Flamenco jazz

San Diego's Cerro Negro comes to Old Town Artisans, 201 N. Court Ave., Downtown for a powerful evening of flamenco rhythms Saturday night.

The trio members call their type of music global flamenco fusion, a mix of fiery guitars and percussion instruments like the clave, cajón and djembe.

Over the years, the group has shared bills with Poncho Sanchez, Eddie Palmieri, Jesse Cook and a number of other established players.

Their Tucson show begins at 7:30 p.m., and tickets are $20 in advance through Antigone Books, Enchanted Earthworks, Plaza Liquors and 17th Street Guitars and World Music. They are $23 at the door. 440-4455.

Classical music

Maestro László Veres will lead his volunteer Arizona Symphonic Winds in its 22nd annual Veterans Day Concert Sunday at Catalina Foothills High School.

The concert will feel like an old-fashioned John Philip Sousa affair — Veres even promises to dress like the long-gone legendary band leader — with a program steeped in marches and overtures: "Armed Forces Medley," "Stars and Stripes Forever," "The Unknown Soldier" and John Williams' "Fanfare and Olympic Theme" are among the works to be played. Expect to hear popular Sousa marches — perhaps "Manhattan Beach," "El Capitan," "High School Cadets" or "Black Horse Troop"? — as an encore.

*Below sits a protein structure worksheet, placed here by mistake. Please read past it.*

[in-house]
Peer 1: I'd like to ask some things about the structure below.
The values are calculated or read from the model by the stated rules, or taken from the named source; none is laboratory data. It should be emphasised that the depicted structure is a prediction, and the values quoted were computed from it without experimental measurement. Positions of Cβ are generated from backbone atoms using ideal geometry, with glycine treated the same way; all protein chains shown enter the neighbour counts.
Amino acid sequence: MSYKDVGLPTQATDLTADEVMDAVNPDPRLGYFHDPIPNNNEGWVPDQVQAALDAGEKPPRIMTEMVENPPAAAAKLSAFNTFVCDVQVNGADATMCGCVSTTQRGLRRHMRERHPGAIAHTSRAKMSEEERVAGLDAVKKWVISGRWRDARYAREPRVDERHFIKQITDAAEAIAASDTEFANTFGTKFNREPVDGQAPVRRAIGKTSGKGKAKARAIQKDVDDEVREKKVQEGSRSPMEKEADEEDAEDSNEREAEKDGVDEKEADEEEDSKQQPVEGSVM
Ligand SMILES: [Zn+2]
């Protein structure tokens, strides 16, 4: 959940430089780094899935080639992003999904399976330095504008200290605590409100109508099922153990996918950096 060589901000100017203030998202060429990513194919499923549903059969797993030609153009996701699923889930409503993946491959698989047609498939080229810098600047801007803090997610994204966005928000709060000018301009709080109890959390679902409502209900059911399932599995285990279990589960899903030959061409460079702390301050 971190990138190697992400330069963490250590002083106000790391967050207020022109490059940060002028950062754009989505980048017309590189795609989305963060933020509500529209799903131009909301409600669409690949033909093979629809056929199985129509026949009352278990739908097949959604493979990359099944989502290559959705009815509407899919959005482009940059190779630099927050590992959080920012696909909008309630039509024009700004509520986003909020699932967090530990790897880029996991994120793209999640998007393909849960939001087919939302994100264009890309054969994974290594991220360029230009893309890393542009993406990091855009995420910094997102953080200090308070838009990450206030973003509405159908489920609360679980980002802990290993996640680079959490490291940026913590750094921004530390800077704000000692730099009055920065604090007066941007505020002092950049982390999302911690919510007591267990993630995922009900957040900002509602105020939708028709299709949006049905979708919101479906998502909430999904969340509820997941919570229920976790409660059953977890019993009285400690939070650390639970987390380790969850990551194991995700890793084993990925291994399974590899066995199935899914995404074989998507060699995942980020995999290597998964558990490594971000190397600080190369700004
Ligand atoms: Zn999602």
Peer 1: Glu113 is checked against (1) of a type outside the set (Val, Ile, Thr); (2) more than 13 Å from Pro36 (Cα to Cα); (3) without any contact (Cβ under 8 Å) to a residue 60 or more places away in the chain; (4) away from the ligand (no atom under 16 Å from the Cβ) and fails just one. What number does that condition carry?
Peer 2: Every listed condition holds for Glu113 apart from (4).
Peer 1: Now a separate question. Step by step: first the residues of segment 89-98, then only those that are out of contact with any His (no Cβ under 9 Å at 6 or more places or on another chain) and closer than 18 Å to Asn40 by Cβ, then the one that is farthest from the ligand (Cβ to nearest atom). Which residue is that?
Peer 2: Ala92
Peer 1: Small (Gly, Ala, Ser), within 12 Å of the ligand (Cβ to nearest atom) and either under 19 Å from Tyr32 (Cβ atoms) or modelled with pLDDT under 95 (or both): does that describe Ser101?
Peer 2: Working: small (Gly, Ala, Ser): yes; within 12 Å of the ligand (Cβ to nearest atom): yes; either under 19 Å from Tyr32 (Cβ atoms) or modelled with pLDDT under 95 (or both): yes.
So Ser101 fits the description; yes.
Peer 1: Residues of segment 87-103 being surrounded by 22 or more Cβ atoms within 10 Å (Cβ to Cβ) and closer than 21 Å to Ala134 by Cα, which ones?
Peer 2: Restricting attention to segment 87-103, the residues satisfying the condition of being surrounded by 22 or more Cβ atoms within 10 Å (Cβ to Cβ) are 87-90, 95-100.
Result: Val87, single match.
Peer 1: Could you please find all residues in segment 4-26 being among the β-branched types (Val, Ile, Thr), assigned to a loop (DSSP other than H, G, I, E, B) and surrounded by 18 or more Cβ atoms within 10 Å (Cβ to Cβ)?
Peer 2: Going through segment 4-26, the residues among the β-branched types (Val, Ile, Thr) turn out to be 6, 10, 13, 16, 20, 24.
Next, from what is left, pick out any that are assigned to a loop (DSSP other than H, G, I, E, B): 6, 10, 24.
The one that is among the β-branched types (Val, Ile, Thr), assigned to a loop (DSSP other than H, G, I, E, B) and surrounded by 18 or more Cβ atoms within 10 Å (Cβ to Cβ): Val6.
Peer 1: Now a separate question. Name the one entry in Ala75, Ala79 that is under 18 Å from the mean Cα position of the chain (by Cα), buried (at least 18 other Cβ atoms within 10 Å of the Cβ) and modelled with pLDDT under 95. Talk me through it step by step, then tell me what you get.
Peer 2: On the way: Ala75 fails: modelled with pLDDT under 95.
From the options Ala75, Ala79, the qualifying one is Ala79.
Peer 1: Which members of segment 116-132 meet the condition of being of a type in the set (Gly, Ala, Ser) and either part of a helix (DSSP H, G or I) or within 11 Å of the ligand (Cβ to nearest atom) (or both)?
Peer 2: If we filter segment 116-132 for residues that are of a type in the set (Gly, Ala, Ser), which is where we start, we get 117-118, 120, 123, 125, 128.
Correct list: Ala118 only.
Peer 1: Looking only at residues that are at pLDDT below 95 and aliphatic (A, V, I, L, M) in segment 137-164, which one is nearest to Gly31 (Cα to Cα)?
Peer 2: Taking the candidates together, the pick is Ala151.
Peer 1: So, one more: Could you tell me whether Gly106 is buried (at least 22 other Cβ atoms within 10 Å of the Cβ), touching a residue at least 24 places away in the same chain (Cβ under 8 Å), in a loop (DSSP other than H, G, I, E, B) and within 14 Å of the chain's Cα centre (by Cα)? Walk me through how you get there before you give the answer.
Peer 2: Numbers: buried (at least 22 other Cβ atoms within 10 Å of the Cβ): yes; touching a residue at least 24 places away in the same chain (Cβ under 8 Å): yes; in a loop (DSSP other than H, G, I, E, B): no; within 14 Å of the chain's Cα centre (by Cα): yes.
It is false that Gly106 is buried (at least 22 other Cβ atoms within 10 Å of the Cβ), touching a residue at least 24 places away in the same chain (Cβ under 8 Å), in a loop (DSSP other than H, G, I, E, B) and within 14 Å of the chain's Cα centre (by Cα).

Sunday's concert begins at 2 p.m. in the school's auditorium, 4300 E. Sunrise Drive. Admission is free. Details: 721-2068.


The mass suicide at People's Temple of Jonestown in Guyana 30 years ago might seem odd fodder for an opera.

But Tucson composer Daniel Buckley doesn't think so. Buckley draws on the audio recordings of the events of Nov. 18, 1978, when the Rev. Jim Jones led 900-plus followers to their deaths by poisoned Kool-Aid. Buckley believes the horrific real-life story is the genesis of truly inspired opera.

And Buckley might know a thing or two about opera and the drama that unfolded at Jonestown. The former classical-music critic for the Tucson Citizen has been composing music for theater, dance, art gallery installations and concerts in Tucson for decades. He has been working with the subject of Jonestown in a variety of musical settings since 1980. He has teamed up with set designer Alfred Quiroz for the opera, which the University of Arizona School of Music will stage in November 2010.

Buckley will discuss his opera and his fascination with Jonestown at a lecture at 7 p.m. Thursday at Dinnerware Artspace, 264 E. Congress St. Admission is $3, and a wine bar will be available; no Kool-Aid, he joked in a written release. For details, call Buckley at 260-4176.

— Cathalena E. Burch, Gerald M. Gay